China remains a bright spot in world economy

Updated: 2011-12-15 12:45


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BEIJING - Three years after the outbreak of the global financial crisis, the world economy ends 2011 as fragile as ever.

Industrial nations are deeply mired in a substantial slowdown, high unemployment rates and a messy sovereign debt crisis, while emerging markets are carefully balancing their fights on inflation and fine-tuned easing measures to spur growth amid deteriorating external conditions.

But China, which officially overtook Japan as the world's second largest economy this year, has remained a much-needed bright spot in the world economy as growth in the country, though slowed a little, remains well above the global average.

With an enormous and highly competitive manufacturing base, China has long been dubbed the Global Workshop. But, with an increasingly prosperous middle class and ever expanding domestic demand, the 1.3-billion strong Chinese consumers are also creating one of the biggest markets for products from all corners of the world.

China's newly found role as a global market will be further cemented as the country firmly implements economic adjustment in light of the global financial crisis - cutting its over-reliance on exports and fully developing the potential of the domestic market.

The process will prove not only to be a boost to the fragile world economy, but also a boon to the long-term sustainability of the Chinese economy.

A year of economic turmoil and uncertainties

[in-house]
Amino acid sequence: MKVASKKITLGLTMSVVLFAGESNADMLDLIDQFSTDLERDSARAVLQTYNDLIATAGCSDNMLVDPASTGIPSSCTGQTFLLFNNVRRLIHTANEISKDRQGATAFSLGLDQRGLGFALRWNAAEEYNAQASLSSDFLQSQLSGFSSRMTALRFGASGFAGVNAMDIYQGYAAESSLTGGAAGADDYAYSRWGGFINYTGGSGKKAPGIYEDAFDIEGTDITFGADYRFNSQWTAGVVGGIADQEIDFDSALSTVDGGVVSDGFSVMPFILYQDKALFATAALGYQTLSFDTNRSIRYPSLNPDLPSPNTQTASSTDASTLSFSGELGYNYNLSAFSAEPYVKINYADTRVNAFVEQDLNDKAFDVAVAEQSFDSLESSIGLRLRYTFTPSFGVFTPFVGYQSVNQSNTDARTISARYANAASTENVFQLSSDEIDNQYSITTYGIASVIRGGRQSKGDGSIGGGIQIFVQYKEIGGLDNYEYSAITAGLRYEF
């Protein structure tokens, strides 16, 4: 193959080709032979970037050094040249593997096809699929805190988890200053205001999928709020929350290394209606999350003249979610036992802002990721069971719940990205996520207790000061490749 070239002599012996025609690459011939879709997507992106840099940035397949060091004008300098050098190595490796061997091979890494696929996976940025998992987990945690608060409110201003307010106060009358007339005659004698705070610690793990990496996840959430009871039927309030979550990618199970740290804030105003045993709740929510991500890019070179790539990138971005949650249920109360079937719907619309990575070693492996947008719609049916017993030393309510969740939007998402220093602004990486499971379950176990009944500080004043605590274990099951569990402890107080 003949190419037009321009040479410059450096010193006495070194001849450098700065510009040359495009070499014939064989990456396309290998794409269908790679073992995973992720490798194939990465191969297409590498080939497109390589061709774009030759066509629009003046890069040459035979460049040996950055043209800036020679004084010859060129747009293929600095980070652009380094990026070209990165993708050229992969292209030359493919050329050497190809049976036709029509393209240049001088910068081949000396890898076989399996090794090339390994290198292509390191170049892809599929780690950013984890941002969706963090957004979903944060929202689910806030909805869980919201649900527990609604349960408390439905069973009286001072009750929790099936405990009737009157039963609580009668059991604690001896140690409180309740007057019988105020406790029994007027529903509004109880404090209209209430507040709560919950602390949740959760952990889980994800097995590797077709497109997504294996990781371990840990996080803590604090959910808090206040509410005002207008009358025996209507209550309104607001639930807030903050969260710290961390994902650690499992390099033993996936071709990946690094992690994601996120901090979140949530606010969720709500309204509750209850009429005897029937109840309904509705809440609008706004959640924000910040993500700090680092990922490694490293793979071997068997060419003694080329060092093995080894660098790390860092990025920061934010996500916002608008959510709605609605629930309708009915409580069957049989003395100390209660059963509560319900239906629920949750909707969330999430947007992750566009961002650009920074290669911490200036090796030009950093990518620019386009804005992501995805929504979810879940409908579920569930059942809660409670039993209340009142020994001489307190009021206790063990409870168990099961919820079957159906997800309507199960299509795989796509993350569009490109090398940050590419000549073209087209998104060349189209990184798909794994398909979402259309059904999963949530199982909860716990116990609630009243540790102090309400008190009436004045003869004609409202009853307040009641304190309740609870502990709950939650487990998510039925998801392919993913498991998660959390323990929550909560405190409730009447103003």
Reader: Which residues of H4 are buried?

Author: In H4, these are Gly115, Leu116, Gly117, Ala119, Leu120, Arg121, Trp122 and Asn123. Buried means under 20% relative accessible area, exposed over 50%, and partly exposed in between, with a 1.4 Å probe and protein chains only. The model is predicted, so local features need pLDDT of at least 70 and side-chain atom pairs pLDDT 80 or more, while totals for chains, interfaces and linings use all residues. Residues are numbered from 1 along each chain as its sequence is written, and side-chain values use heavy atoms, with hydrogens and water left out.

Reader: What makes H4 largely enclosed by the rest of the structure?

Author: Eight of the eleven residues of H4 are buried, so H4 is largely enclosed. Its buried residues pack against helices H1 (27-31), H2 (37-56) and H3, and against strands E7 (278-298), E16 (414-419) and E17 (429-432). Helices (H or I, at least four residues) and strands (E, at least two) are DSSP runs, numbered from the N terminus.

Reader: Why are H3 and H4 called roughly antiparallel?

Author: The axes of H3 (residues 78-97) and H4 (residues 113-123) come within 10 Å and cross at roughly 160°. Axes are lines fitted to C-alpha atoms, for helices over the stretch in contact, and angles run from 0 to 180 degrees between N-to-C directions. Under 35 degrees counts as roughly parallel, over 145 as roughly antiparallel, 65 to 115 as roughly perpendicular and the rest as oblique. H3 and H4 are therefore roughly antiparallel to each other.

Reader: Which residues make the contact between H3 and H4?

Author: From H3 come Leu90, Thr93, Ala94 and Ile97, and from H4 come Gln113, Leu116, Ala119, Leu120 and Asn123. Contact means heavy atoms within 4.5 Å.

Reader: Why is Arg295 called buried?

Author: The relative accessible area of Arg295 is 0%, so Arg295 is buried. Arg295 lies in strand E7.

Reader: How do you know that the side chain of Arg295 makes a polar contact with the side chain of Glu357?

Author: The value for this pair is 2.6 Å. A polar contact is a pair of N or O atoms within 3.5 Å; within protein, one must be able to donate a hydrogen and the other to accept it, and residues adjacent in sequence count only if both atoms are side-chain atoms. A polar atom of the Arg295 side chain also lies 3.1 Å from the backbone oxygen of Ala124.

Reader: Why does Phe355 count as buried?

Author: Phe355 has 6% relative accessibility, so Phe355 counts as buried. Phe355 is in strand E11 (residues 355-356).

The outbreak of the global financial crisis ushered in one of the most volatile economic times in the six decades since World War II.

After a relatively swift rebound from the second half of 2009 to 2010, the global economy seemed to run out of steam in 2011 as the effect of unprecedented government stimulus measures wore off and the private sector failed to pick up the task of jumpstarting the stalled economy.

"The strong cyclical rebound in global industrial production and trade in 2010 was never expected to persist," the International Monetary Fund (IMF) said in its September World Economic Outlook report, entitled "Slowing Growth, Rising Risks".

"However, in crisis-hit advanced economies, especially the United States, the handover from public to private demand is taking more time than anticipated," it said. "In addition, sovereign debt and banking sector problems in the euro area have proven much more tenacious than expected."

According to the global lending institution, developed countries, which have driven the global economy for many decades, may see growth slow to 1.6 percent from 2.2 percent last year.